- The Washington Times - Tuesday, July 21, 2020

It was a century ago that a remarkable American chess career was launched.

It was in late 1920 that a diminutive 8-year-old prodigy from Lodz, Poland, named Szmul Rzeszewski made the journey across the Atlantic with his parents.

Already well-known in Europe for his talent and a string of successful simultaneous exhibitions, the rechristened Sammy Reshevsky became a sensation in knee pants in the U.S., defeating challengers many times his age and getting his picture on the front page of The New York Times. It was the most famous American chess debut before the rise of Bobby Fischer more than three decades later.

Unlike many other prodigies, Reshevsky went on to justify the early hype, even though his professional career was always hampered by his need to make a living as an accountant. He won eight U.S. national titles — tied with Fischer for most ever — and was one of the world’s best players from the mid-1930s through the mid-1960s.

Although his mature style often favored positional play and grinding out wins, the youthful Reshevsky adopted a much more adventurous approach. Many of Reshevsky’s earliest exhibition games featured sharp openings and wildly speculative attacks, such as today’s game from a simul in Berlin in early 1920.

Cunningham’s Defense (3…Be7, threatening a disruptive check on h4) in the King’s Gambit is one of the sharpest responses to one of the sharpest openings, and things get messy fast here. After 11. Qh5 Rf8, White is already down three tripled h-pawns, but the youthful Reshevsky is ready to strike.

Thus: 12. Nxf7!? Qxe4+ (Rxf7 13. Nc3 b5 14. Bxf7+ Qxf7 15. Qxh6 Qg6 16. Qxg6+ hxg6 17. Rxf6) 13. Kxh2 Qxc2+? (tempting, but tougher was 13…Qh4+! 14. Qxh4 Bxh4 15. Nc3 d5 16. Nxd5 Rxf7 17. Rxf7 Kxf7 18. Nxc7+ Ke7 19. Rf1 Kd6 20. Nxa8 Nc6, and Black may survive), when it’s understandable White overlooks the startling 14. Nd2!! Qxd2+ 15. Kh1, and Black can’t organize a defense; e.g. 15…Qg5 16. Rae1+ Be7 17. Nd6+ Kd8 18. Rxf8+ Bxf8 19. Re8 mate.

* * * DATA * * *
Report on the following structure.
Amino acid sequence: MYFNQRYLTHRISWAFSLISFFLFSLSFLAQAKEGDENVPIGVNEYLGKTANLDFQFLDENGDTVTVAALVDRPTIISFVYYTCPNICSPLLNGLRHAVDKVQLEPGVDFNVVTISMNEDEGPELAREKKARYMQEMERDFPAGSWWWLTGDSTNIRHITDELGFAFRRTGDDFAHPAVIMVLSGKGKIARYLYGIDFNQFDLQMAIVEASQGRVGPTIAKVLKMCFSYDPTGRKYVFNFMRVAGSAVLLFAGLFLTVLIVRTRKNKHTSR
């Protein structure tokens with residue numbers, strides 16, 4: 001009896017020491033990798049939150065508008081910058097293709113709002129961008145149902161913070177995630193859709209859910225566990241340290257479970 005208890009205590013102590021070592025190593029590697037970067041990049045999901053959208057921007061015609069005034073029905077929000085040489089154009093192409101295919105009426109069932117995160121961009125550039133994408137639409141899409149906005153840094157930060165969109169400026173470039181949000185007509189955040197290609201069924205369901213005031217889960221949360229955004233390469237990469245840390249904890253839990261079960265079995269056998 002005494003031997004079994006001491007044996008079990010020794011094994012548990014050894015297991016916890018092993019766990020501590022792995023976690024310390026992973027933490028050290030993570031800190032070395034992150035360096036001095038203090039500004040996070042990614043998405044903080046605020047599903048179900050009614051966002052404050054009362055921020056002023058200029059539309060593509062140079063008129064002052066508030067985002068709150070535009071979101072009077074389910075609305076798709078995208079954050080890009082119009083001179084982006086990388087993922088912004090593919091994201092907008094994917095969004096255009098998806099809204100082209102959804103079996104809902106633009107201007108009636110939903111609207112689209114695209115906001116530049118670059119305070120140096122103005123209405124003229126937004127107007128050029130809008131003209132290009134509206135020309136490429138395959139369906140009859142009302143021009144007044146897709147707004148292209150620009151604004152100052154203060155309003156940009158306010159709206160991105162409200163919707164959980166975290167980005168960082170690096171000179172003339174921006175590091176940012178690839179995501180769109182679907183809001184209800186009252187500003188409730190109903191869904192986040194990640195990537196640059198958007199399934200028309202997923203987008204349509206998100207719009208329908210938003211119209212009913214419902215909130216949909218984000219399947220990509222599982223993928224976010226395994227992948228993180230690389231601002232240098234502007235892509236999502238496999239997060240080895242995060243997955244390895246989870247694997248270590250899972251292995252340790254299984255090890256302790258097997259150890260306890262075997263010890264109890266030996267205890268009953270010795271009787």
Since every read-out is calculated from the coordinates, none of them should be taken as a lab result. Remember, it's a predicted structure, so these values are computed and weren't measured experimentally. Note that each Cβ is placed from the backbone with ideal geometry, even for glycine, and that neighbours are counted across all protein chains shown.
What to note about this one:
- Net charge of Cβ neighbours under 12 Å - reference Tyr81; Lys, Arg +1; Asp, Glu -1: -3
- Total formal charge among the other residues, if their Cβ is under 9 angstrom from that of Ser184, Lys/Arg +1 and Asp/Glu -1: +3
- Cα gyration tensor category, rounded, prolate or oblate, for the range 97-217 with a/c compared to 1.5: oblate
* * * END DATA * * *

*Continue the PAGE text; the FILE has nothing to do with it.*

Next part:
Still, White’s 14. Kg3!? does the job after 14…Bh4+? (walking into disaster; White is still better on 14…Qg6+! [Rg8+ 15. Ng5+ Rg6 (Qg6 16. Bf7+!) 16. Na3 Qxb2 17. Rae1+ Kd8 18. Qxg6! Qxa3+ 19. Bb3 hxg6 20. Nf7 mate] 15. Qxg6 hxg6 16. Rxf6) 15. Qxh4 Qc4, and the White queen takes over her Black counterpart’s square to deliver 16. Qd8 mate.


“My center is giving way, my right is retreating. Situation excellent. I am attacking.”

We can’t say Pittsburgh GM Alexander Shabalov, a four-time U.S. champion himself, was channeling French World War I Gen. Ferdinand Foch in his recent game against Ukrainian GM Vitaliy Bernadskiy from the virtual World Online Open. But Shabalov’s attacking genius clearly bailed him out of a dire situation.

We pick it up from today’s diagram after 36. Re5-h5, with Shabalov as Black facing a grim prospect: He’s down two pawns, his pieces are scattered and, by the way, White threatens mate in one. But just over a dozen moves later, it’s Black’s attack that will crash through.

There followed: 36…f6 37. g5?! (a first glimmer of hope for Black, as the queen trade on 37. Bc7! Re8 38. Rh8+ Kf7 39. Rxe8 Rxe8 40. Qh5 turns the White d-pawn into a monster) Bxd5, when White could have stayed on top with 38. Be6+! Bxe6 (Kf8 39. Rh8+ Ke7 40. Rxd8 Rxd8 41. Bxd5) 39. Rxd8+ Rxd8 40. Rh8+ Kf7 41. Rxd8 Nxf4+ 42. Qxf4 Qxg5+ 43. Qxg5.

Instead, Black seizes the play after 38. Kg3? Kf7 39. Bc7 Ne5 40. Bxd8? (the last mistake; 40. Bxe5 was imperative) Ra3!, and White’s f3 weakness proves fatal.

The finale: 41. Rf4 (Bg4 Bxf3 42. Rd7+ [Bxf3 Rxf3+ 43. Kg2 Qc2+ with mate to follow] Nxd7 43. Bxf3 Ne5, and Black is better) Nxf3 42. Rxf6+ gxf6 43. Rh7+ (Bernadskiy comes within a whisker of mate, but Black can just barely cover up) Ke8 44. Rh8+ Bg8 45. Qb4 (miraculously, all the White queen’s checking squares are covered) Qxg5+ 46. Bg4 Qe5+ 47. Kg2 (Qf4 Ne1+ 48. Bf3 Rxf3+ 49. Kg4 Qxf4+ 50. Kh5 Qg5 mate) Nh4+! (a deadly diversion; White is lost) 48. Rxh4 Ra2+ 49. Kf1 (Kf3 Bd5+ 50. Qe4 Qxe4+ 51. Kg3 Qe3+ 52. Bxf3 Qxf3 mate) Bc4+! — a second neat diversion forcing resignation, as after 50. Qxc4 Qa1+, mate is unstoppable.

Reshevsky-Von Dory, simultaneous exhibition, Berlin, January 1920

1. e4 e5 2. f4 exf4 3. Bc4 Be7 4. Nf3 Bh4+ 5. g3 fxg3 6. O-O gxh2+ 7. Kh1 Nh6 8. d4 Qe7 9. Bxh6 gxh6 10. Ne5 Bf6 11. Qh5 Rf8 12. Nxf7 Qxe4+ 13. Kxh2 Qxc2+ 14. Kg3 Bh4+ 15. Qxh4 Qxc4 16. Qd8 mate.

David R. Sands can be reached at 202/636-3178 or by email dsands@washingtontimes.com.

• David R. Sands can be reached at dsands@washingtontimes.com.

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